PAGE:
Tapas are just tops. I donâ€™t care who you are, I know for a fact that there is absolutely no way you would turn down a delicious snack or mini-meal with your beer or wine. Having devoured these little plates of goodness in many different Spanish cities, I am confident that there is no method of dining that is more social and relaxed than tapas.
Ranging any where from olives to bread with jamÃ³n serrano (Spainâ€™s famous dry-cured ham) or a stuffed red bell pepper to tuna with tomato, a couple of these dishes will fill you up fast. However, the idea is not to rush, but to enjoy your food and the process of choosing or awaiting your next surprise snack. These appetizers keep you focused on the company between bites, and not solely gorging on a huge meal. Spaniards are incredibly social and thrive on the wee hours of the night to catch up with friends. It is fitting then, to eat a round of tapas at 11 or 12 oâ€™clock on a Friday night, rather than eat a bulky dinner before dancing the night away. (And I mean that in the most literal sense, as most Spaniards end their evenings out around 6 a.m.)
Every tapas bar has its own style. Some allow you to choose your tapa from a short or elaborate menu, others surprise your pallet with each new round. Taverna Basca Irati in El Barri GÃ³tic (or Gothic Neighborhood) of Barcelona, offers a buffet style of tapas, each held together by a single toothpick. After perusing the dozens and dozens of options (including a section of rich dessert tapas) and enjoying every crumb, the server counts the lonely toothpicks left on your table to tally the bill. Unique. Efficient. Delicious.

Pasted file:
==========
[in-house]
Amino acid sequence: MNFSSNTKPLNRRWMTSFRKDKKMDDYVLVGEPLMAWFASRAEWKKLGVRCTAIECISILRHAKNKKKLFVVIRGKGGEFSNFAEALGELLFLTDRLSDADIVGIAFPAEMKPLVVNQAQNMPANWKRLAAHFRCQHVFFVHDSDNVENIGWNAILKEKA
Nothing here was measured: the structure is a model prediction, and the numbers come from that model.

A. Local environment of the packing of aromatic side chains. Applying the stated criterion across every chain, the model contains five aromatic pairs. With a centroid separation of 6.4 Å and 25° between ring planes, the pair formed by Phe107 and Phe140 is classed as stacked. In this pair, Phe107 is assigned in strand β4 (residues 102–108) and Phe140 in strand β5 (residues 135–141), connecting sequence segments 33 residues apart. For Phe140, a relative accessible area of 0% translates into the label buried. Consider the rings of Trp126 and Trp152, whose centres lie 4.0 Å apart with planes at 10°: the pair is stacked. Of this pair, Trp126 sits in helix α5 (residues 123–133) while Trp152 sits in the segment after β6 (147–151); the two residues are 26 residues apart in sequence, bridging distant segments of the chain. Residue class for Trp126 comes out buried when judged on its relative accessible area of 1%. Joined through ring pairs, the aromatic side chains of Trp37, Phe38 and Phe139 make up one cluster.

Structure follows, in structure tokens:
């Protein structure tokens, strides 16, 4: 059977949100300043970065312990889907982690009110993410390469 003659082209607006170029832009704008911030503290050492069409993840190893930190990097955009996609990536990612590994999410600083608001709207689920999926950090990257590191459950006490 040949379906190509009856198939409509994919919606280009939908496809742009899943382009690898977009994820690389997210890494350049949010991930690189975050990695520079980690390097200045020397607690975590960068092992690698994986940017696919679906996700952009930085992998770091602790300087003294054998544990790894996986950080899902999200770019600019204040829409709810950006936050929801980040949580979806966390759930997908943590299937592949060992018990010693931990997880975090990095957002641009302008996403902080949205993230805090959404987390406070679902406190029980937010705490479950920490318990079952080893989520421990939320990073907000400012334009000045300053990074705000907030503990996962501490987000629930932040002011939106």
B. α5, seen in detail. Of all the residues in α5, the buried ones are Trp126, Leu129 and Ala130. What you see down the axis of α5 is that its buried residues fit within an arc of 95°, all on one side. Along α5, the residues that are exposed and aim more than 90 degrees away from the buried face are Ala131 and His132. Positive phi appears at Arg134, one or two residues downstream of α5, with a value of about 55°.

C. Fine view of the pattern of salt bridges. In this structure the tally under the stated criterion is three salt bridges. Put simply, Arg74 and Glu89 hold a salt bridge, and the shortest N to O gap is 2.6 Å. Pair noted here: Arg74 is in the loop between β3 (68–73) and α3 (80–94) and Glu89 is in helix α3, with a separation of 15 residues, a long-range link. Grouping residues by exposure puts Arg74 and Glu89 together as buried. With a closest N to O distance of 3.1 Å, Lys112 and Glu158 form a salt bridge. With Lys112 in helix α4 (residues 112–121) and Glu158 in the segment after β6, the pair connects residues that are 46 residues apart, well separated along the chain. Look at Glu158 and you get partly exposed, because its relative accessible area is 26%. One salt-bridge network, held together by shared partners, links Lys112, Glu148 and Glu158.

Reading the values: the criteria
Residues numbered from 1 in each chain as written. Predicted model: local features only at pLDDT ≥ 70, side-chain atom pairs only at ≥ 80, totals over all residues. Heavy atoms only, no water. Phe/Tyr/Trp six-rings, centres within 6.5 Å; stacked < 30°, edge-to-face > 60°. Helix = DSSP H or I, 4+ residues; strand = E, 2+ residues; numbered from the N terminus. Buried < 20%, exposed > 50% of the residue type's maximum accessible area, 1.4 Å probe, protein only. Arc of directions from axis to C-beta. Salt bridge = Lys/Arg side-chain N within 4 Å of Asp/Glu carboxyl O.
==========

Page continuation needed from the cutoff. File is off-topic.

The historical city of CÃ³rdoba is spotted with beer bars with very traditional Spanish tapas. Technically, you choose your own snack, but thatâ€™s if they are not overwhelmingly busy. In the latter case, you get what they dish up. If it werenâ€™t for this traditionally Spanish way of working under pressure, I would never have tried blood sausage. Iâ€™d be lying if I said I didnâ€™t thank the food gods for the Spanish tortilla (warm and dense egg dish) that followed that first blood sausage experience.
AndalucÃa, the southern region of Spain, is well-known to serve tapas for free with each glass of wine, beer, sangria, or tinto de verano, thus making alcohol truly cheaper than water. Well, okay, at least itâ€™s a better deal.
Granada is very famous for the variety of tapas, many of which are inspired by Arabic and other cultures that influence the city. Other bars are known for their sheer quantity. La Bella y La Bestia boasts two locations in Granada, both of which serve heaping rations of tapas with any drink ordered. Itâ€™s the hungry manâ€™s tapas bar. Bar PoÃ« in the center of Granada is popular for their Thai and Indian fusion tapas served in clay ramekins. Complete with a cozy ambience and warm lighting, PoÃ« is also the place to visit if youâ€™re an absinthe lover. Be sure to arrive early if you want to snag a table or a comfortable leather couch. Make your way up the winding hills of the AlbaicÃn neighborhood and you will not be disappointed by the number of traditional tapas bars neatly squeezed into every corner and crevice. Much of this neighborhood also claims some of the best views of the Alhambra and the entire city of Granada.
I knew this country was serious about food when I ordered a shawarma at a tiny kebab shop and was gifted with three falafel while I waited. â€œTapa, tapa!â€ the man said to me. Donâ€™t mind if I do.